Video: Retail heaven or hell as Mary Portas visits Rotherham

SHE is known for her forthright opinions, and her TV programmes which take shopkeepers to task with a no-nonsense approach to selling have won her millions of fans – the Prime Minister among them.

In fact, Mary Portas, better known as Mary Queen of Shops, was appointed the Government’s retail czar earlier this year by David Cameron, and yesterday she came to Yorkshire on a fact-finding mission.

The rise of Ms Portas, who as a Harvey Nichols director helped launch the Leeds store, has been applauded and derided in equal measure, and her take-no-prisoners approach received mixed reviews in Rotherham.

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Critics claim that she is little more than window-dressing for a Government that wants to be seen supporting retail, but she said she would be making concrete proposals which would build real success.

After a whistle-stop tour, Ms Portas said Rotherham “looked good” despite the long-held belief that it had taken a hammering since the nearby Meadowhall shopping centre opened almost exactly 21 years ago,

She praised the local council for its approach to helping new enterprise and added: “I have seen a lot of new traders and they have been grateful to Rotherham Council for actually getting behind them.

“Some of the retailers I thought, honestly, were better than some in the heart of London, which I found astounding. The people who bash it the most are the people from Rotherham. I don’t understand that.

“I think that until we stop knocking this town and actually promoting it – because there is a future – then you are not going to change consumer habits.

“If people keep saying the town is on its knees and its all about out of town shopping then that’s how consumers will continue, because they will think, ‘I’ve got nothing to go there for’”.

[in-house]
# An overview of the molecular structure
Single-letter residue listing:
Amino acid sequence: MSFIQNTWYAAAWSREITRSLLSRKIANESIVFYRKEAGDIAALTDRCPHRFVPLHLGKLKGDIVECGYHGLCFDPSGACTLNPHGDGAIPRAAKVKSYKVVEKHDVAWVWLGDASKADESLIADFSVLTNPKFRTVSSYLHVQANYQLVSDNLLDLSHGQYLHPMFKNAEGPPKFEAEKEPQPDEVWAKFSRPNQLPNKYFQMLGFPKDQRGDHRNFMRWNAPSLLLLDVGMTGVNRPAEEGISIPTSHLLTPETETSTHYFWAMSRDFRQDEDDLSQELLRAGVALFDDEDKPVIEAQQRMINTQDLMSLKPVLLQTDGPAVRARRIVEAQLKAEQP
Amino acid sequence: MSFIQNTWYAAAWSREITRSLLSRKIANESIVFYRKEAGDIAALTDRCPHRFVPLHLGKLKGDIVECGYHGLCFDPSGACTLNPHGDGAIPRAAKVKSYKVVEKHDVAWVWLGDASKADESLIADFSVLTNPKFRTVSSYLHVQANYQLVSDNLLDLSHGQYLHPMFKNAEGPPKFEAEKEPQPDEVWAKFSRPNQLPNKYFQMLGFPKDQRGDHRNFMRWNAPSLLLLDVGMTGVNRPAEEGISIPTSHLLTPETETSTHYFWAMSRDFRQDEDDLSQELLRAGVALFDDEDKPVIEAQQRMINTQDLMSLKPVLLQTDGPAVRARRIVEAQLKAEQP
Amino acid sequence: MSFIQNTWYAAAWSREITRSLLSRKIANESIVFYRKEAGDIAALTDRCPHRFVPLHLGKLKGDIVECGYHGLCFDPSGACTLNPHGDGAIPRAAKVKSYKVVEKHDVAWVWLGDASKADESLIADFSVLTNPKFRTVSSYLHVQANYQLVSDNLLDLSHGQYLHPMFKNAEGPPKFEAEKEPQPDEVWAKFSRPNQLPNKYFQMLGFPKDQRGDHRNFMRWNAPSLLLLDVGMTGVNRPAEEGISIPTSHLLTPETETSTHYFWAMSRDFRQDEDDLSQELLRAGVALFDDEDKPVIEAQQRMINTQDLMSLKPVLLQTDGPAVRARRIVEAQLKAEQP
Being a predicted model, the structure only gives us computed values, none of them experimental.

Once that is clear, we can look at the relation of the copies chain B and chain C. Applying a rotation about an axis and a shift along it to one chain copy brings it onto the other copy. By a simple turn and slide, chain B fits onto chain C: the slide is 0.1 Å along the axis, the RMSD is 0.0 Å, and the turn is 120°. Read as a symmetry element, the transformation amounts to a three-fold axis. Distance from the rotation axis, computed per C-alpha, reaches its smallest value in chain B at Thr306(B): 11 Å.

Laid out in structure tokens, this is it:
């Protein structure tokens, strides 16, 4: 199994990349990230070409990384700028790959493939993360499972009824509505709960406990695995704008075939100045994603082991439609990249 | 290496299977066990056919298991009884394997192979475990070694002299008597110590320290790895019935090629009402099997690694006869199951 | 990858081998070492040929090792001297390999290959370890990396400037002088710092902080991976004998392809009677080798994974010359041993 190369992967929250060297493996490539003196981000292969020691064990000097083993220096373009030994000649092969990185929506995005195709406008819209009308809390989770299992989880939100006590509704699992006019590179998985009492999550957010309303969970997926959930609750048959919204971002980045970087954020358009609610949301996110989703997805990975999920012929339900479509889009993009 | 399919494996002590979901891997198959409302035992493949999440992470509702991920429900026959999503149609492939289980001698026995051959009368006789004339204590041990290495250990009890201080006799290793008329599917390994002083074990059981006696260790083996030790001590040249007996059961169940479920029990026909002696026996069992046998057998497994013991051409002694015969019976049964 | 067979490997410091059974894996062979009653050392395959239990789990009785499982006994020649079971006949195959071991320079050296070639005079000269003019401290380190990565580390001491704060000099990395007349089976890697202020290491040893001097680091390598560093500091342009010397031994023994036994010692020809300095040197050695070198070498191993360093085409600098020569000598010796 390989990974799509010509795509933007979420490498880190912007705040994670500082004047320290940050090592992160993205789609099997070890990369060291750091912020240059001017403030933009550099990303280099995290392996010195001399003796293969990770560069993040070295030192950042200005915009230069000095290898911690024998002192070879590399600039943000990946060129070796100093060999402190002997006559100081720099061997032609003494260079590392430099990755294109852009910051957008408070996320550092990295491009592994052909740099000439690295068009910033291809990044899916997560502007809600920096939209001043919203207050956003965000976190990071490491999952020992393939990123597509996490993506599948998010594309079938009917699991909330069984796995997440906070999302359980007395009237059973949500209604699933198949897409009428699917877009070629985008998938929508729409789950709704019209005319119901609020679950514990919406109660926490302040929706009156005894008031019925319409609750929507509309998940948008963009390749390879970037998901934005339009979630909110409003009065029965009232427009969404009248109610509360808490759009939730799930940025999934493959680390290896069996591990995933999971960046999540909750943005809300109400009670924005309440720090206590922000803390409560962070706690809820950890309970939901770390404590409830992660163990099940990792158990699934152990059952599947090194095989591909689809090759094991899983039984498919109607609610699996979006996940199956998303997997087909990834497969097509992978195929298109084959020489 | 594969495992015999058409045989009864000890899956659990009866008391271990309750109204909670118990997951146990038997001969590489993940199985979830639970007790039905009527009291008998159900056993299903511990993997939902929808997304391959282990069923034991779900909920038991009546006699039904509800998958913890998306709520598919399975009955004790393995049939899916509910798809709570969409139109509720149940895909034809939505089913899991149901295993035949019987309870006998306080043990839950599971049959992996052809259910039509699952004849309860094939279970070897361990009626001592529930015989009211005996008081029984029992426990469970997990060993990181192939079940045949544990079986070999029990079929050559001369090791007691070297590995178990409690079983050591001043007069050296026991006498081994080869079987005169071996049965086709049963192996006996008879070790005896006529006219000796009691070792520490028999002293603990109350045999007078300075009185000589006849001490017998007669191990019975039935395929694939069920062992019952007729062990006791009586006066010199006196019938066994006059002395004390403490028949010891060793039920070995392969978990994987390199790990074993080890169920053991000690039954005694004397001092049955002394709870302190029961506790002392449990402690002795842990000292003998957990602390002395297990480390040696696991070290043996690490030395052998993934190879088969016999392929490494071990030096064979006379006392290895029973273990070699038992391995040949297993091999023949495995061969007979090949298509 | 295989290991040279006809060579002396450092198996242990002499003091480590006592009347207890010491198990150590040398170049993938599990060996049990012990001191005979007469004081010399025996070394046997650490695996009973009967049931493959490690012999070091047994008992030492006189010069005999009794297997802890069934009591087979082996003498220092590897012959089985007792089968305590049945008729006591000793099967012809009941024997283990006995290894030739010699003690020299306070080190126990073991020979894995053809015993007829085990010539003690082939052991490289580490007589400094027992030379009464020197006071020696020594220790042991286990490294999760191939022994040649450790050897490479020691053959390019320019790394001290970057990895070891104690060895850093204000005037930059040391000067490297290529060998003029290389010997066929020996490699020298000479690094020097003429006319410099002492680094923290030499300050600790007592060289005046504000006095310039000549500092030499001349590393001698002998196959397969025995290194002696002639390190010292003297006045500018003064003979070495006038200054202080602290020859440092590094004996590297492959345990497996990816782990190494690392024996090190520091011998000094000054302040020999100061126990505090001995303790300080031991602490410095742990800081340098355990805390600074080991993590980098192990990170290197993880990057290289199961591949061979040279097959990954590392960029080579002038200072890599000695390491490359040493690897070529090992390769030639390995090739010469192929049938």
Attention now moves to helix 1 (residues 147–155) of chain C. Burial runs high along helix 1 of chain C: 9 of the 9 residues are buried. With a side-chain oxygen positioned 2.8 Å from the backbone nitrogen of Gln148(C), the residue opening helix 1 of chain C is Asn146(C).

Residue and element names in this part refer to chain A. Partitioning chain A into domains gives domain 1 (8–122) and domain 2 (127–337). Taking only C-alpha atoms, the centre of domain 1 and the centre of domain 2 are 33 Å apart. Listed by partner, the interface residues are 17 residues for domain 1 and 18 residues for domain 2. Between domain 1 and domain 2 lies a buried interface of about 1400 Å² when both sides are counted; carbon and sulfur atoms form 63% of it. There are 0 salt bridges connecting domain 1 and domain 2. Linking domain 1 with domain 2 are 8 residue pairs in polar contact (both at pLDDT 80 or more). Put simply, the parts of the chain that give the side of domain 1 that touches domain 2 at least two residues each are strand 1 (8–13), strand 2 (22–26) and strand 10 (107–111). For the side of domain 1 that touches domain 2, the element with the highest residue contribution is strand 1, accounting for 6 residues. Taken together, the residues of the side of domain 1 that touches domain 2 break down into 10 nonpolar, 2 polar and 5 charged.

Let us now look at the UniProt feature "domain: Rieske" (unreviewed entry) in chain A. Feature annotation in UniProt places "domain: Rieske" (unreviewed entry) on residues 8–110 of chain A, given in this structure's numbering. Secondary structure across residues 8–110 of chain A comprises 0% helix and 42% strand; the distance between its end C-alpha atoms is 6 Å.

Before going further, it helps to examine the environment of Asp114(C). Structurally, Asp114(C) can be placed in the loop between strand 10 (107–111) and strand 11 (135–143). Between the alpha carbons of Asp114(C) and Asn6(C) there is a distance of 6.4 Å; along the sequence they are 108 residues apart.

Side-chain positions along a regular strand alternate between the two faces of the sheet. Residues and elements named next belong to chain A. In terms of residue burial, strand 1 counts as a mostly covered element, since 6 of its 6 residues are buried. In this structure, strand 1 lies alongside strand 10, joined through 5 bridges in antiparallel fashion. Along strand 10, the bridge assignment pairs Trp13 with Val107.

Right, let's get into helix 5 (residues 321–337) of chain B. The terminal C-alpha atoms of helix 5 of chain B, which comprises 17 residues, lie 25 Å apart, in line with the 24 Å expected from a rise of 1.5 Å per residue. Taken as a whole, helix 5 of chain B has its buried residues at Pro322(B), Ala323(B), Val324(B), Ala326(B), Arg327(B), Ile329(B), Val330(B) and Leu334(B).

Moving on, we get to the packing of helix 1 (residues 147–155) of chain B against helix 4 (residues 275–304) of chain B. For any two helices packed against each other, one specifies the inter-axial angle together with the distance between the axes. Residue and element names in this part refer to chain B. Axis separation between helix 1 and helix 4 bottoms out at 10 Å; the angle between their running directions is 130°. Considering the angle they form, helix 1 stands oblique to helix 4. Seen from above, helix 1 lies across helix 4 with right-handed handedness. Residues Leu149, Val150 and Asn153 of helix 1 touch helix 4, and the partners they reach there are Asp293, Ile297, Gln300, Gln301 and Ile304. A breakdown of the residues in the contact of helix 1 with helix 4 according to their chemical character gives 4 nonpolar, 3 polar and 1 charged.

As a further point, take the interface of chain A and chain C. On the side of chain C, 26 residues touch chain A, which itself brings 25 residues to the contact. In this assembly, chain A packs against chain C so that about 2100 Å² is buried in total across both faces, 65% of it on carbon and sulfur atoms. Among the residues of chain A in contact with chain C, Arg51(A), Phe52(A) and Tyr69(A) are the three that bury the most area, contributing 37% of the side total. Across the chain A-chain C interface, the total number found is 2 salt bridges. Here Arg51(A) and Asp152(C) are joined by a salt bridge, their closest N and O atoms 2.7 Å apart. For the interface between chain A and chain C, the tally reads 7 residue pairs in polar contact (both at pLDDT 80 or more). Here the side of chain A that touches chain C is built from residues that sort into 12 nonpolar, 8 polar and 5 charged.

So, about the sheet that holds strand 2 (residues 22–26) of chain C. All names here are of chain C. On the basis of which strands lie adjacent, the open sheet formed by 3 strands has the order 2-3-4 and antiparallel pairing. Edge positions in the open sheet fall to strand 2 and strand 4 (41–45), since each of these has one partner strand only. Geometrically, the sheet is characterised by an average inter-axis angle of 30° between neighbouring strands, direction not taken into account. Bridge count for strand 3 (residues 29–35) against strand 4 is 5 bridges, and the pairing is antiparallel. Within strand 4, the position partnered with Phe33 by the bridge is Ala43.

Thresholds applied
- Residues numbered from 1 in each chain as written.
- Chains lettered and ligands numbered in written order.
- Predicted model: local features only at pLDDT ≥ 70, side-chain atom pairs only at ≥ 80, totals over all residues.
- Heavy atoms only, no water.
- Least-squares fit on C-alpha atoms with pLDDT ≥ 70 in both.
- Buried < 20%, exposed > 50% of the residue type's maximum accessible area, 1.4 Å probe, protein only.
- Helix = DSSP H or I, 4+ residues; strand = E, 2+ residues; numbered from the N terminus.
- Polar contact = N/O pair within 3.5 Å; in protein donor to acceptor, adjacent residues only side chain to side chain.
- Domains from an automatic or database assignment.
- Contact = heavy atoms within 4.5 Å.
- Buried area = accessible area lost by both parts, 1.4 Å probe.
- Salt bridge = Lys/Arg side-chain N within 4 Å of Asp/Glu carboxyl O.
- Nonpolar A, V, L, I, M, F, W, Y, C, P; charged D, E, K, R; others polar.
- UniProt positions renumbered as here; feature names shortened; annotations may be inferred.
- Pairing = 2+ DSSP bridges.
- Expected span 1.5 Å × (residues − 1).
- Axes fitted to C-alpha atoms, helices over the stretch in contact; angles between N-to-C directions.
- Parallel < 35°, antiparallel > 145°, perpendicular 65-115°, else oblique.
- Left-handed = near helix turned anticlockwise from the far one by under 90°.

The retail guru’s optimism was not shared by shoppers in the town, and many traders complained that Ms Portas had not stopped to talk as she and her entourage swept through the town’s high street.

Even the marketing director of West Yorkshire-based retail giant Poundworld Martyn Birks, in Rotherham preparing for the opening of a new store on Friday, said he had not received a promised visit.

Nicholas Appleyard, who runs a bread and cake stall in Rotherham market said: “She never stopped to talk to me, she just walked straight past. I could have given her a few ideas on how to improve things.”

Shopper Betty Hudson described Ms Portas’s task as “an impossible job” and added: “I have lived in town all my life. I’m 73 now and I have never seen the place look worse.

“Once she has had a real look round she’ll realise just how bad it is. She will never revive it.”

Ms Portas said she was not in Rotherham to “revive it”, and said she needed to have more discussion with the council to formulate proposals which will be published later.

She added: “We can always get hung up on what the moaners say, but that’s not what I would be doing. There are some towns across the country where it is over – the horse has bolted. This ain’t one of them.

“I’ve seen the town and I will be meeting with councillors now to say: What would have helped? How can we get this moving even quicker?

“What you have come from is a 27 per cent shop vacancy rate to 17 per cent -– that is damn unusual, 27 per cent is one of the worst you can get across the country and they have pulled that back by 10 per cent.

“That is in a very tough climate – what I’ll be asking the council is what things should I be proposing that would have made it more efficient and easier.”

Future of the high street in focus

Mary Portas was appointed to lead an “independent review into the future of the High Street” in May in a joint move announced by both David Cameron and Nick Clegg.

At the time, Mr Cameron said her involvement would “help us to create vibrant and diverse town centres and bring back the bustle to our high streets”.

According to her official biography, Ms Portas began her retail career as a Saturday girl in John Lewis and later worked as a window dresser at Harrods and Topshop.

She joined Harvey Nichols in 1989, leaving in 1997 and says she is “credited with transforming the brand into the world renowned store it is today”.

The Government said her review of the High Street will address the problem of vacant shops and the proliferation of “clone towns” and increase the number of small and independent retailers in town centres.

Ms Portas’ report is expected later this year.